What is the legal standing of intersexuality?

Classification: FAQ

Below are answers to the frequently asked questions (FAQ) about intersexuality and the law. See other sections of the FAQ if you have questions about other aspects of ISNA or intersex conditions. Please understand that we are not lawyers and be advised that you should consult with your attorney if you have legal questions about a specific case.

Legal Questions about Intersexuality

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Can doctors be held liable for how they treat children with intersex conditions?



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Who can intersex people marry?



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Are intersex people protected from discrimination in the U.S.?



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What is the "Colombia case" and why is it so important?



Answers to Legal Questions about Intersexuality

Can doctors be held liable for how they treat children with intersex conditions?

The Summer 2000 issue of Michigan Journal of Gender and Law has a detailed discussion examining the legal liability of physicians who treat children with intersex conditions. Authors argue that, while physicians cannot be held liable for performing harmful treatment when such treatment is accepted as the standard among medical professionals, there is a greater possibility that the court will find physicians liable for failure to obtain proper informed consent, given how frequently parents of intersex children are misinformed about their children's conditions (read Alice Dreger's analysis about the lack of informed consent).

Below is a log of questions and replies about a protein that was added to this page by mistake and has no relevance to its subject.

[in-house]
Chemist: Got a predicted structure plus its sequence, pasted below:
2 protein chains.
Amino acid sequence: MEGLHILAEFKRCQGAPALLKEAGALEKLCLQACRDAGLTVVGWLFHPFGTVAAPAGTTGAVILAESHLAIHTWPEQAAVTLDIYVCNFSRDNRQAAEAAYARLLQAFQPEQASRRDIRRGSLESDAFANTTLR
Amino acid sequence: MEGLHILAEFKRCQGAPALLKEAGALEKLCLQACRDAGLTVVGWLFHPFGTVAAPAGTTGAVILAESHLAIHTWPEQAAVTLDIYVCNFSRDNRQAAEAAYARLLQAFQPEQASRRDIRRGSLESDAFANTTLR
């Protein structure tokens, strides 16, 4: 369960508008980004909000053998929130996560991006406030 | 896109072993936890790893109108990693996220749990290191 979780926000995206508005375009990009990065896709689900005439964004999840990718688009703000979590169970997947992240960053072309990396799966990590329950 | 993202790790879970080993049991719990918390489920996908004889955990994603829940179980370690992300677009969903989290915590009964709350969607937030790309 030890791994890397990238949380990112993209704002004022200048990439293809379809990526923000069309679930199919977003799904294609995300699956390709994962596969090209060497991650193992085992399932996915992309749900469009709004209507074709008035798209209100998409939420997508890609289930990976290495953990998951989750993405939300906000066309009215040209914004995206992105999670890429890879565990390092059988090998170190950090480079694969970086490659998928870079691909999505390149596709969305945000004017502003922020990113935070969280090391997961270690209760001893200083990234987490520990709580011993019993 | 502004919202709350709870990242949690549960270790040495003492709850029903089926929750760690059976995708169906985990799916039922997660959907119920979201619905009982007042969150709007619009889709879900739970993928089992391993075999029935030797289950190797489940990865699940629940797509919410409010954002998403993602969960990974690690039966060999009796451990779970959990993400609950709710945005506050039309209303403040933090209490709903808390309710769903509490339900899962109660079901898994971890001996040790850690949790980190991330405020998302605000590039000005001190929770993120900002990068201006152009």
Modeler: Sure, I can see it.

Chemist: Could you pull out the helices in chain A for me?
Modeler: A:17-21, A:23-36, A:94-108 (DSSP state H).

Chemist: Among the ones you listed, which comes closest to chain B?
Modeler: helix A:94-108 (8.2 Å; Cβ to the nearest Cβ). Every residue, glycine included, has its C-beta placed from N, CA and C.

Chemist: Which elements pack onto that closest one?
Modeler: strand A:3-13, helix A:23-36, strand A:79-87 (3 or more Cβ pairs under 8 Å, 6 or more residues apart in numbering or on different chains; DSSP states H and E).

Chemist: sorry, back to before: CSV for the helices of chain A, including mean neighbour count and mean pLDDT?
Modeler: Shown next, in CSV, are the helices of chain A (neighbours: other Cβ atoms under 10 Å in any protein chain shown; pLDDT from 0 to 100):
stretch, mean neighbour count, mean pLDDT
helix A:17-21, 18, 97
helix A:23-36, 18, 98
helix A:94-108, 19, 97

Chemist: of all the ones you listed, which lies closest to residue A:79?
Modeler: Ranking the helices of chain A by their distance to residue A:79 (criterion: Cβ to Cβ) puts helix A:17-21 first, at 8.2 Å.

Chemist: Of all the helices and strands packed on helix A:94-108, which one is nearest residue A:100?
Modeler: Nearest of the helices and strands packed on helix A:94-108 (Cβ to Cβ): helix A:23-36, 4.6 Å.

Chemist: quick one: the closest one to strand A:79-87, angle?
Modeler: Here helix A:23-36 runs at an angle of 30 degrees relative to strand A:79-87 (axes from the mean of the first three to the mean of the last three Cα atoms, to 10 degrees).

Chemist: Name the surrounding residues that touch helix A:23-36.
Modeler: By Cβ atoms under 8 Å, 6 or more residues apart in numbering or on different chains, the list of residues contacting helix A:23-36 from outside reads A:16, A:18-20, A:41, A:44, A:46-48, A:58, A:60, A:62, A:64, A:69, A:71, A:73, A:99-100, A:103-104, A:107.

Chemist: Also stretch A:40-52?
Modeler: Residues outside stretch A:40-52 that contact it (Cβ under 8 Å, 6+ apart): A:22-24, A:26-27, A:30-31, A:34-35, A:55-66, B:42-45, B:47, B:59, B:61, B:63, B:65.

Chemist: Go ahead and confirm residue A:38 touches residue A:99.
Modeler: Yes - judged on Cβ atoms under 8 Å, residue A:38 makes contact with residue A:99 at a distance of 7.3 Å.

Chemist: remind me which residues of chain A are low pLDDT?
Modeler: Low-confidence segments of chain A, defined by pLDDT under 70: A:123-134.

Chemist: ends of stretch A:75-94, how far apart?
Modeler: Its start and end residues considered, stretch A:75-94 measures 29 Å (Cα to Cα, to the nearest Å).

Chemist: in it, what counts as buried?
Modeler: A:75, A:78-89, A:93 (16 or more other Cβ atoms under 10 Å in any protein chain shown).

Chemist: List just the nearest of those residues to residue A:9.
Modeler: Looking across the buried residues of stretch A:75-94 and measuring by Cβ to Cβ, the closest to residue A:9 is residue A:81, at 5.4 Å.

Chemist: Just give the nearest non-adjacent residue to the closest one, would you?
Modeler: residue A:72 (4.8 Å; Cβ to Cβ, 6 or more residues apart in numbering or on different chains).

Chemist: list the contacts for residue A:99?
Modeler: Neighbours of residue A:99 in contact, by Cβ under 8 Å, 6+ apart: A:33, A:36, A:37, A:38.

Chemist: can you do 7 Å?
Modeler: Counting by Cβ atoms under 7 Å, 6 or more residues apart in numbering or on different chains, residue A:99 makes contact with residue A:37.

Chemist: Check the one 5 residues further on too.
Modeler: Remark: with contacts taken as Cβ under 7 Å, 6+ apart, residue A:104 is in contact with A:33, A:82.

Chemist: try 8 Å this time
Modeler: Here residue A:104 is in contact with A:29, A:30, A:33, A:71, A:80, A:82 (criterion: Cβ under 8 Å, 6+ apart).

Can people with an intersex condition marry?

We do not know of any case that established the eligibility for a marriage license when one or both of the partners has an intersex condition. Since most intersex people live as unambiguously male or unambiguously female, we doubt that their legal standing is much different from that of non-intersex people who are unambiguously gendered. We do not know of any precedence regarding how the court would interpret the prohibition against same-sex marriage when the intersex person is also transgender or has transitioned genders. Eventually, it will take the lifting of restrictions on marriage to make sure that all intersex people are treated equally under the law.


Are intersex people protected from discrimination in the U.S.?

Intersexuality is not explicitly included in any of the federal laws against discrimination in employment, housing and public accommodation, and it is unclear whether or not Americans with Disabilities Act will cover it since there has been no ruling so far. In the 1987 case Wilma Wood v. C.G. Studio, a U.S. District Court ruled that discrimination on the basis of "gender corrective surgery" to treat "hermaphroditic condition" does not constitute a sex discrimination per se.

There are several municipalities that have explicitly included "intersex" in their civil rights ordinances, usually collapsed with transgender and transsexual people. While this is an improvement, prohibiting discrimination against intersex people in employment, housing and public accommodations does not sufficiently address the kind of civil rights violation intersex people typically suffer.


What is the "Colombia case" and why is it so important?

In October 1999, the High Court of Colombia (in South America) ruled that parents do not have the unrestricted rights to give "consent" for cosmetic genital surgeries performed on their intersex children, in effect severely restricting what can be done to children too young to give informed consent themselves. In addition, the ruling acknowledged people with intersex conditions as a protected minority group under the nation's constitution. While the ruling does not directly affect intersex people in other countries including the U.S., it shows that it is possible to change the medical practice through legal advocacy.